The Absence of Practice Supporting the “Unwilling or Unable” Test

by Kevin Jon Heller

Regular readers of the blog know that one of my hobbyhorses is the “unwilling or unable” test for self-defense against non-state actors. As I have often pointed out, scholars seem much more enamored with the test than states. The newest (regrettable) case in point: my friend Claus Kress, who is one of the world’s best international-law scholars. Here is what he writes in an otherwise-excellent contribution to Just Security about the use of force against ISIL in Syria (emphasis mine):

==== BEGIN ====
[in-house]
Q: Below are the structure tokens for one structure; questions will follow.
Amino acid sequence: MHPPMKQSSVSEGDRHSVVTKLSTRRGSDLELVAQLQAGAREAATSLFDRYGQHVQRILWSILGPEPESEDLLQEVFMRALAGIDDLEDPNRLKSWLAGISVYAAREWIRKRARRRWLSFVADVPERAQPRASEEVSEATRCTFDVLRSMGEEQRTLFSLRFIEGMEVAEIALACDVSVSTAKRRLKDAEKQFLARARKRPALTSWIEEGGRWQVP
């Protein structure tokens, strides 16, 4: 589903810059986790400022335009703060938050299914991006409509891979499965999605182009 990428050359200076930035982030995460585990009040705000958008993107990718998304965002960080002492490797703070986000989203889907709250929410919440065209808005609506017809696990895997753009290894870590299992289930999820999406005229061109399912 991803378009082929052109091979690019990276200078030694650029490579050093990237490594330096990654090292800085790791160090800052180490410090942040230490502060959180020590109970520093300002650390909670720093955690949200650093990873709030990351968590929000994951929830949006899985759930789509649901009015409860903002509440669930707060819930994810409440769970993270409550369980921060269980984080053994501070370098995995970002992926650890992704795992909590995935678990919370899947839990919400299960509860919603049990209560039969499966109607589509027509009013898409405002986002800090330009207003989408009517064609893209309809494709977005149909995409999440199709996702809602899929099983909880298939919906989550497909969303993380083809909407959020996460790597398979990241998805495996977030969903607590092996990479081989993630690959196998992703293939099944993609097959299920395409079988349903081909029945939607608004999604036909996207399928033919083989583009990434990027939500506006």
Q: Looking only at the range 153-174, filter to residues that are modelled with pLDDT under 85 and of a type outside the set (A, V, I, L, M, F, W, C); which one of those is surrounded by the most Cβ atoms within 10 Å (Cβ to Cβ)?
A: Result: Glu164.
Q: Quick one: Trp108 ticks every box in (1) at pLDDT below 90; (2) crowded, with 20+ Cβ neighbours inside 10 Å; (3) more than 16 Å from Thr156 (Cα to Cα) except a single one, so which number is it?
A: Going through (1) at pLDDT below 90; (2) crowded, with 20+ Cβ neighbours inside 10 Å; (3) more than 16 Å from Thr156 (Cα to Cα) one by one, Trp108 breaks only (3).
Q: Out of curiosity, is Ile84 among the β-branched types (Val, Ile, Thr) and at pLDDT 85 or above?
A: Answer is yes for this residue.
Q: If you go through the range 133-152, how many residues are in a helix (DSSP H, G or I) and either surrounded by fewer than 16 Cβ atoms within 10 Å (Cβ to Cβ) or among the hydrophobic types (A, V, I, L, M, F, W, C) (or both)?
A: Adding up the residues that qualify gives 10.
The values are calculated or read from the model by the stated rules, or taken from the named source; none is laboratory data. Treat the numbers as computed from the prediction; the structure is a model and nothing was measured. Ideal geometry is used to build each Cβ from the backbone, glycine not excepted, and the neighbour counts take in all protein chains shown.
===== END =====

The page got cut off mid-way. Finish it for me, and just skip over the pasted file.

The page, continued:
It therefore follows not only from the right of self-defense’s general requirement of necessity, but primarily from the respect for the sovereignty of the territorial State that the right of self-defense in case of a non-State armed attack is of a subsidiary nature. It presupposes that the territorial State is either unwilling or unable to end the non-State armed attack – or, as it should be added for the sake of completeness, fails to exercise due diligence to that effect. State practice is remarkably consistent with these principles. As Professor Ashley Deeks has demonstrated in a formidable article, the legal claims to a right of collective self-defense in cases of non-State armed attacks have generally included the statement that the territorial State is unwilling or unable to deal with the non-State threat.